Marine cargo insurance, which safeguards items transported via water, is a near cousin of air cargo insurance. This insurance, which primarily applies to international trade, covers air and ocean freight. It safeguards aircraft and ships from harm by loading and unloading, inclement weather, mishaps, and other dangers.


What types of damage are not covered by air freight insurance?

Cargo insurance excludes risks and problems that the shipper has substantial control over. As a result, policies often do not include:

  • Damage to your products if it can be proven that inadequate packaging was the cause of any damage.
  • Damage brought on by faulty items. If the carrier can demonstrate that faulty items inside your cargo brought on the damage, the policy will not compensate you.
  • Freight of particular types. All insurance companies do not cover hazardous materials, certain electronic products, and other very valuable or fragile items.
  • Some modes of transportation are also available. Some insurance may only cover your cargo transported by ship, plane, or vehicle.


How to make a claim?

Carriers are assumed not to be responsible for any loss or damage unless otherwise proven. Their limitations are expressly specified in the Bill of Lading, which is permissible language, and they would also take all reasonable steps to limit or prevent their liabilities. You must thus demonstrate that they were careless with your cargo or that the damage or loss happened while they controlled it. And if you are successful, the insurance provider will pay you because your claim is valid.

You’ll also need to locate the following details about your shipment to submit a claim:

Your insurance carrier provides the number on the inventory list. You can request an inventory list if they don’t give it to you.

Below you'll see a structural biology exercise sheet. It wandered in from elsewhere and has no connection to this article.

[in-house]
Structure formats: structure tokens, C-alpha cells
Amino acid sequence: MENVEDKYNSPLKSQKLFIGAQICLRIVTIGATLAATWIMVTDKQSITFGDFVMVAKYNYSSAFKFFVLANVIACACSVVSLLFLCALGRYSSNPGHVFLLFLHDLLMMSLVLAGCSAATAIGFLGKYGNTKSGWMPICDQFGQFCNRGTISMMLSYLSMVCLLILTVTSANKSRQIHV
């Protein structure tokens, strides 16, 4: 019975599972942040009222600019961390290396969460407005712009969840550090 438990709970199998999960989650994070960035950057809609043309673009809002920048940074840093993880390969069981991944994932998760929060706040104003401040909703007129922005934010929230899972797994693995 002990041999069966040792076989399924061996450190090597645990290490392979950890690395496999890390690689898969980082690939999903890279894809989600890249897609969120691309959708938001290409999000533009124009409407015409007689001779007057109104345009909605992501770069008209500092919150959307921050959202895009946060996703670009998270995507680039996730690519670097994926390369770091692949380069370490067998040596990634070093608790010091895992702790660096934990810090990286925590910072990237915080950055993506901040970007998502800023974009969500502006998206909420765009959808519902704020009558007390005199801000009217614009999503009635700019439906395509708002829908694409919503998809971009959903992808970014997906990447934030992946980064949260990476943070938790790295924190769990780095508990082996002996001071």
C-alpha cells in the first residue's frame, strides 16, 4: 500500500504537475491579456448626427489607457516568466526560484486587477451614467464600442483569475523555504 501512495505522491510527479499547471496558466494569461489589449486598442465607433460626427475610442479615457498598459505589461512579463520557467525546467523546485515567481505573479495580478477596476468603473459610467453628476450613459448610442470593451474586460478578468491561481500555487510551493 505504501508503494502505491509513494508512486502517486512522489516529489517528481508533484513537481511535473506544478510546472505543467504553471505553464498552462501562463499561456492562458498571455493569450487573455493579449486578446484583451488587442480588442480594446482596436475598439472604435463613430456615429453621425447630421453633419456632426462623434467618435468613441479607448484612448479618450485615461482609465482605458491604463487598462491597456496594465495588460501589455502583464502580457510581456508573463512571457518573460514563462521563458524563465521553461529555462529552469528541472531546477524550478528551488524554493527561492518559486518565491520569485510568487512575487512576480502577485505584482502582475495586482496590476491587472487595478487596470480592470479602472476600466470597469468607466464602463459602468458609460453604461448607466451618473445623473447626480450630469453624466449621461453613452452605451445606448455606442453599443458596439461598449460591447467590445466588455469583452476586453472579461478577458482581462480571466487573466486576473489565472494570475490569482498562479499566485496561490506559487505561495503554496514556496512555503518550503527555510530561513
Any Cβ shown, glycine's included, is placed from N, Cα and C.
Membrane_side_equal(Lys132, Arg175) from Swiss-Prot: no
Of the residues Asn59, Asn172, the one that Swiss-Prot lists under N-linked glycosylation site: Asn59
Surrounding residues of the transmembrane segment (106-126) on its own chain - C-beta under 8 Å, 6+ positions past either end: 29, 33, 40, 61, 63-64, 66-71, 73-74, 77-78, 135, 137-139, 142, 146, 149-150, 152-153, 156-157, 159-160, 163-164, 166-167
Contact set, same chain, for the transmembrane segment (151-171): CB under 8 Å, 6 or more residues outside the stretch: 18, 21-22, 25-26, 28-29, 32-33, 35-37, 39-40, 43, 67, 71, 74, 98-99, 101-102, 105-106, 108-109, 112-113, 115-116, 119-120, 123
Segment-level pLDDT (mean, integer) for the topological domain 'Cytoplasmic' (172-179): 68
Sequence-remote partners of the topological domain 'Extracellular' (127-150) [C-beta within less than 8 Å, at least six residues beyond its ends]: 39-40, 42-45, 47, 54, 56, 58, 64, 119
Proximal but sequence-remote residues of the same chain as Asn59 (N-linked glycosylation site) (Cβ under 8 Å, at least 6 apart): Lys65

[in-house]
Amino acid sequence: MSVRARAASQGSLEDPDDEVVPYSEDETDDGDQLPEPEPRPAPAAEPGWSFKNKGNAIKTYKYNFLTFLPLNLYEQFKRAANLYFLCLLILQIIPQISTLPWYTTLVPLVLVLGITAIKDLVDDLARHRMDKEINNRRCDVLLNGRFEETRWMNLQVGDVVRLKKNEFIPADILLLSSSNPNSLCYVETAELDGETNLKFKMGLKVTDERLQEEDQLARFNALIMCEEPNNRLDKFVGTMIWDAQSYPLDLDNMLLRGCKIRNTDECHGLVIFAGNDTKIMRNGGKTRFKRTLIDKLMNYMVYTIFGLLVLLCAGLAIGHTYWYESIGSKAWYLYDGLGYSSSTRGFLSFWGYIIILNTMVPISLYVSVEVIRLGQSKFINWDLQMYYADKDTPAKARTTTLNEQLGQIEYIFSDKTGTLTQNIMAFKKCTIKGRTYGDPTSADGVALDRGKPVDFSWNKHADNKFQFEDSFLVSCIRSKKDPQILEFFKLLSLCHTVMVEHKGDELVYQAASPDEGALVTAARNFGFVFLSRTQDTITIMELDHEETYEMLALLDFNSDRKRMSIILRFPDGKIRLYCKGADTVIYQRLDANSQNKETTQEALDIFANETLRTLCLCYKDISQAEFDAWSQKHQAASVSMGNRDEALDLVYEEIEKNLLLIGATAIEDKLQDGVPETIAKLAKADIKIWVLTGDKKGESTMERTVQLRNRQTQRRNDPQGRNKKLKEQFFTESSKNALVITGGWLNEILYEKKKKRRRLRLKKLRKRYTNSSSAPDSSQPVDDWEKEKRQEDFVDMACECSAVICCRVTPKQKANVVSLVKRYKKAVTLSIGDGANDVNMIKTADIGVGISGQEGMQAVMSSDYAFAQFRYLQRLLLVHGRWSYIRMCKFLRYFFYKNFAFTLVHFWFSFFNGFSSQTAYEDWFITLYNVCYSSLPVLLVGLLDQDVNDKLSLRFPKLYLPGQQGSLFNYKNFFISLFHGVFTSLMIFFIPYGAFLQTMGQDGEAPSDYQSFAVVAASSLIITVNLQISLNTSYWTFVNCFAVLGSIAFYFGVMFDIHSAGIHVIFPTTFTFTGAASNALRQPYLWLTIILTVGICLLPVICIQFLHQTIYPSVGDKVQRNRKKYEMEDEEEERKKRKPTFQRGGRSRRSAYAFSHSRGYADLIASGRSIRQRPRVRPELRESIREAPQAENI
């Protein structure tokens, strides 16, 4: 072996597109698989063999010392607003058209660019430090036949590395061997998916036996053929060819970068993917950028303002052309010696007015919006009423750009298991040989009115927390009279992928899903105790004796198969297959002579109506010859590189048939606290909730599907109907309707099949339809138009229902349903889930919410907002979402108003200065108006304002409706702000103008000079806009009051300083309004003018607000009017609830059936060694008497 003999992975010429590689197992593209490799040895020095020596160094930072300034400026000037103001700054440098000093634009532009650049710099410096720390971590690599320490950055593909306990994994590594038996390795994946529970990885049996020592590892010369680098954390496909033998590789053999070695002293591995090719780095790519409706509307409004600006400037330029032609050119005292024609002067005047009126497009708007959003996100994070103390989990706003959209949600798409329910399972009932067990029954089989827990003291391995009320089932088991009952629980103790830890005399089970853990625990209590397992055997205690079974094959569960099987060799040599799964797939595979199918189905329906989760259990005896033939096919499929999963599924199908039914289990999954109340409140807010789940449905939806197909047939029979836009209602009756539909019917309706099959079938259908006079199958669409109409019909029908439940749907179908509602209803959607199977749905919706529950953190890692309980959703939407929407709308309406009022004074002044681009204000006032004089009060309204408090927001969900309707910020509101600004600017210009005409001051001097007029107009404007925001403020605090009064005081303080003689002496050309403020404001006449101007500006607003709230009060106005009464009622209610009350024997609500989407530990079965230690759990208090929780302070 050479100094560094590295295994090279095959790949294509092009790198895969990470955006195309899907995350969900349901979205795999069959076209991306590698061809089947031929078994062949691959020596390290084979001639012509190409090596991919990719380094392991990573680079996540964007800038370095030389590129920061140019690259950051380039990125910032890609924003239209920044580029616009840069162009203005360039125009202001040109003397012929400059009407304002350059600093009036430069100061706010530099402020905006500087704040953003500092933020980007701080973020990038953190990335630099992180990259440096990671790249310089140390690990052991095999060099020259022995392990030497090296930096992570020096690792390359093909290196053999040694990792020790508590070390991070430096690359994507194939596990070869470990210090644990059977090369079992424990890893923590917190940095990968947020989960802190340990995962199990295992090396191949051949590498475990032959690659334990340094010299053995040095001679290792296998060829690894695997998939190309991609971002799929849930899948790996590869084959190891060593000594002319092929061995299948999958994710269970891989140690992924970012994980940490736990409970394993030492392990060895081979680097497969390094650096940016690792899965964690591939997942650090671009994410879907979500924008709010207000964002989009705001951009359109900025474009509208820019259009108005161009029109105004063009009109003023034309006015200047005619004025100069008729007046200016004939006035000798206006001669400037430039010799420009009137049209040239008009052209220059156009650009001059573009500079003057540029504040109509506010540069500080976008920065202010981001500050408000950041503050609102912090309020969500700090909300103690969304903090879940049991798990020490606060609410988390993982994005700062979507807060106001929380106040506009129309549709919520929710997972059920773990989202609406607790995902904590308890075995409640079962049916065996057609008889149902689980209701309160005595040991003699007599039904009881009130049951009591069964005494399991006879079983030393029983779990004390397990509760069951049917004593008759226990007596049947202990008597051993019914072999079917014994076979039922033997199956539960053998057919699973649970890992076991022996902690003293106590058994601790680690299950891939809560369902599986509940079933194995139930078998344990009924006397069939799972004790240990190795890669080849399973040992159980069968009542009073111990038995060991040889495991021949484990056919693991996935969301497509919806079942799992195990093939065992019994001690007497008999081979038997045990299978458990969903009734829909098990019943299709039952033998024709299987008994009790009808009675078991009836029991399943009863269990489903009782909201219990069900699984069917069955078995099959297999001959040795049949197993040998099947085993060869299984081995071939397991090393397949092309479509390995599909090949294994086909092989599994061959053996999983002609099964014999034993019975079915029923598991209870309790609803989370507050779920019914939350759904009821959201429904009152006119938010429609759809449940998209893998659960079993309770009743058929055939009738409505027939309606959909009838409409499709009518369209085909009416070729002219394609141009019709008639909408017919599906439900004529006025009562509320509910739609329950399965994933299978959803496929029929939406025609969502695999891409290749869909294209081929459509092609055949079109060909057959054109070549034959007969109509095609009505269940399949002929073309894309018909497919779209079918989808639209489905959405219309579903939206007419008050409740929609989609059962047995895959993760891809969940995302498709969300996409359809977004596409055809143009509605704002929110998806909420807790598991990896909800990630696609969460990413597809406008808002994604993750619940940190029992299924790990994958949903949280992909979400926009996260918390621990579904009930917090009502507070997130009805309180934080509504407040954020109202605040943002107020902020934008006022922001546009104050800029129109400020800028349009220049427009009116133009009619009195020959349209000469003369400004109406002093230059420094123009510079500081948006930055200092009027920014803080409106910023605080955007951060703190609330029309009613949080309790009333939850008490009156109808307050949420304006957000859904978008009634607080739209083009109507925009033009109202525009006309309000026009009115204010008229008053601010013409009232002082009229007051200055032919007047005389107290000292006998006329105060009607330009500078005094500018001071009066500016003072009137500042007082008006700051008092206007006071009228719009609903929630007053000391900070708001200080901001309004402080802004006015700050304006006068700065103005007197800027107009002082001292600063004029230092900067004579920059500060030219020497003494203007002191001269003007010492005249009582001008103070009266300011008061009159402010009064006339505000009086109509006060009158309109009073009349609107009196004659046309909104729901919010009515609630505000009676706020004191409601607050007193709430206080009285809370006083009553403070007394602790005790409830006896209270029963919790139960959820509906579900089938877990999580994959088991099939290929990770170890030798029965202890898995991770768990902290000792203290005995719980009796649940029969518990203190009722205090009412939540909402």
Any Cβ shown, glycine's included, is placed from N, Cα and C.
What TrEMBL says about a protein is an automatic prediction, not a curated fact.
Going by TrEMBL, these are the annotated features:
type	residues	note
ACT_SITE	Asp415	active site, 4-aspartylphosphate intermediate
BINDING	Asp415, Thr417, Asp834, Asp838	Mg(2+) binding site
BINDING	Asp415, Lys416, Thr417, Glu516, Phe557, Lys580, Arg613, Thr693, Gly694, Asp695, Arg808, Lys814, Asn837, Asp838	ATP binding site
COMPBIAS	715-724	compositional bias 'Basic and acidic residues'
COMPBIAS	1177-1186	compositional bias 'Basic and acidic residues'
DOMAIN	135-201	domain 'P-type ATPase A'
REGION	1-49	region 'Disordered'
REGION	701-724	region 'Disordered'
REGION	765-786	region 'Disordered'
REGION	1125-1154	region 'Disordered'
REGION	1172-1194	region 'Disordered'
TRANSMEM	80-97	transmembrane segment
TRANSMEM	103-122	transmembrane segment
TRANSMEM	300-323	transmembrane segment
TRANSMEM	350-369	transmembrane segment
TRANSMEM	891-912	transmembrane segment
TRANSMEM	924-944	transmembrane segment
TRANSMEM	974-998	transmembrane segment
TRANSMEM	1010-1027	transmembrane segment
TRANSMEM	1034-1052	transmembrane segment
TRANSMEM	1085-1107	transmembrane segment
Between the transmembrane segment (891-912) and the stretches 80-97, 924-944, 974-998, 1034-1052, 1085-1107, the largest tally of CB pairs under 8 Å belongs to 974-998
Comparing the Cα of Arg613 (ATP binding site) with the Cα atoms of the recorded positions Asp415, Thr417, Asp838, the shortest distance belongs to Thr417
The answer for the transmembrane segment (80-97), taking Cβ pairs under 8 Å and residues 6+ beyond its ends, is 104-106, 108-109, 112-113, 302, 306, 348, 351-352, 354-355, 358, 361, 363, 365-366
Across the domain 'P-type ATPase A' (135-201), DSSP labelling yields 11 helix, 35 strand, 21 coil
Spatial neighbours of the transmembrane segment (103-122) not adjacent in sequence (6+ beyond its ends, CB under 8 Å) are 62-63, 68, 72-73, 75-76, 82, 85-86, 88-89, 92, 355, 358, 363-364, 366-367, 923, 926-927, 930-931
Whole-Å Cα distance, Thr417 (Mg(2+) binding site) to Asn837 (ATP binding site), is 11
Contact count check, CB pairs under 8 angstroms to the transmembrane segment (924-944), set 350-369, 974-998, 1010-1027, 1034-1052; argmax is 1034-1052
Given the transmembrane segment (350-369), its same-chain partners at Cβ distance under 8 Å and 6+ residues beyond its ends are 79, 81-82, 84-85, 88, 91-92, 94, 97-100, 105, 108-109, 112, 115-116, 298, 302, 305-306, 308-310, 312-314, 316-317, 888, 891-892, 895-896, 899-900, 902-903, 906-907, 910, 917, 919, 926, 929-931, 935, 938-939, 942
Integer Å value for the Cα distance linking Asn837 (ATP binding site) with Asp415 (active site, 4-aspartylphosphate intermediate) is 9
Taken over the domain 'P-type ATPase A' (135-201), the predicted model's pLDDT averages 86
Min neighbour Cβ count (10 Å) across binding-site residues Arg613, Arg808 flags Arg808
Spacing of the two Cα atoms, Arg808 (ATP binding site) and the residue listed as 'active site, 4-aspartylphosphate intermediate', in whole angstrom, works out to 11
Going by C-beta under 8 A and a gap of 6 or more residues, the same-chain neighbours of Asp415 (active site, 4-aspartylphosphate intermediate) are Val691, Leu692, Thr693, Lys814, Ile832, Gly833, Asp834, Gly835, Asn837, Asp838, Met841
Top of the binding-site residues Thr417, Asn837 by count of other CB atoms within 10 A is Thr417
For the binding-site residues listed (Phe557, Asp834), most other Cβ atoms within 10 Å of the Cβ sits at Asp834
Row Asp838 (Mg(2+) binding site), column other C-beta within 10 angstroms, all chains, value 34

• Room of the item: This refers to where the item was before it was packaged.

Please describe the item in as much detail as possible, such as its size, weight, visual signals, and any related accessories.


  • Damage: Describe the location and extent of the damage to your shipment.

Age of the item and the date of purchase – If you don’t have any production records, estimate the age of the item and the date of purchase. Remember that the ages and dates of purchase will vary for used products.


  • Original and replacement costs: Calculate the replacement costs by writing down the original costs as carefully as possible and looking up the cost of a similar item.

Indicate the cost of your item or the amount listed in the inventory if your claim is for loss when stating the amount of your claim. You include the repair cost only if your claim is for damage to the item. Your policy’s underwriter might also request that you provide documentation of ownership or worth.



Increased risks are brought on by delays, damage, loss, or cargo theft. Through the purchase of the appropriate cargo insurance, shippers can lower their risks. Even though it is not necessary, cargo insurance can give the shipper peace of mind and protect their investment. However, shippers must be mindful of these drawbacks because benefits have restrictions.

You should only trust an established business that has consistently delivered excellent eCommerce shipping and insurance outcomes, and NimbusPost ticks all the right boxes. NimbusPost provides all eCommerce sellers with an AI-driven logistics system, a shipping rate calculator, hyperlocal shipping, and insurance for secure shipping.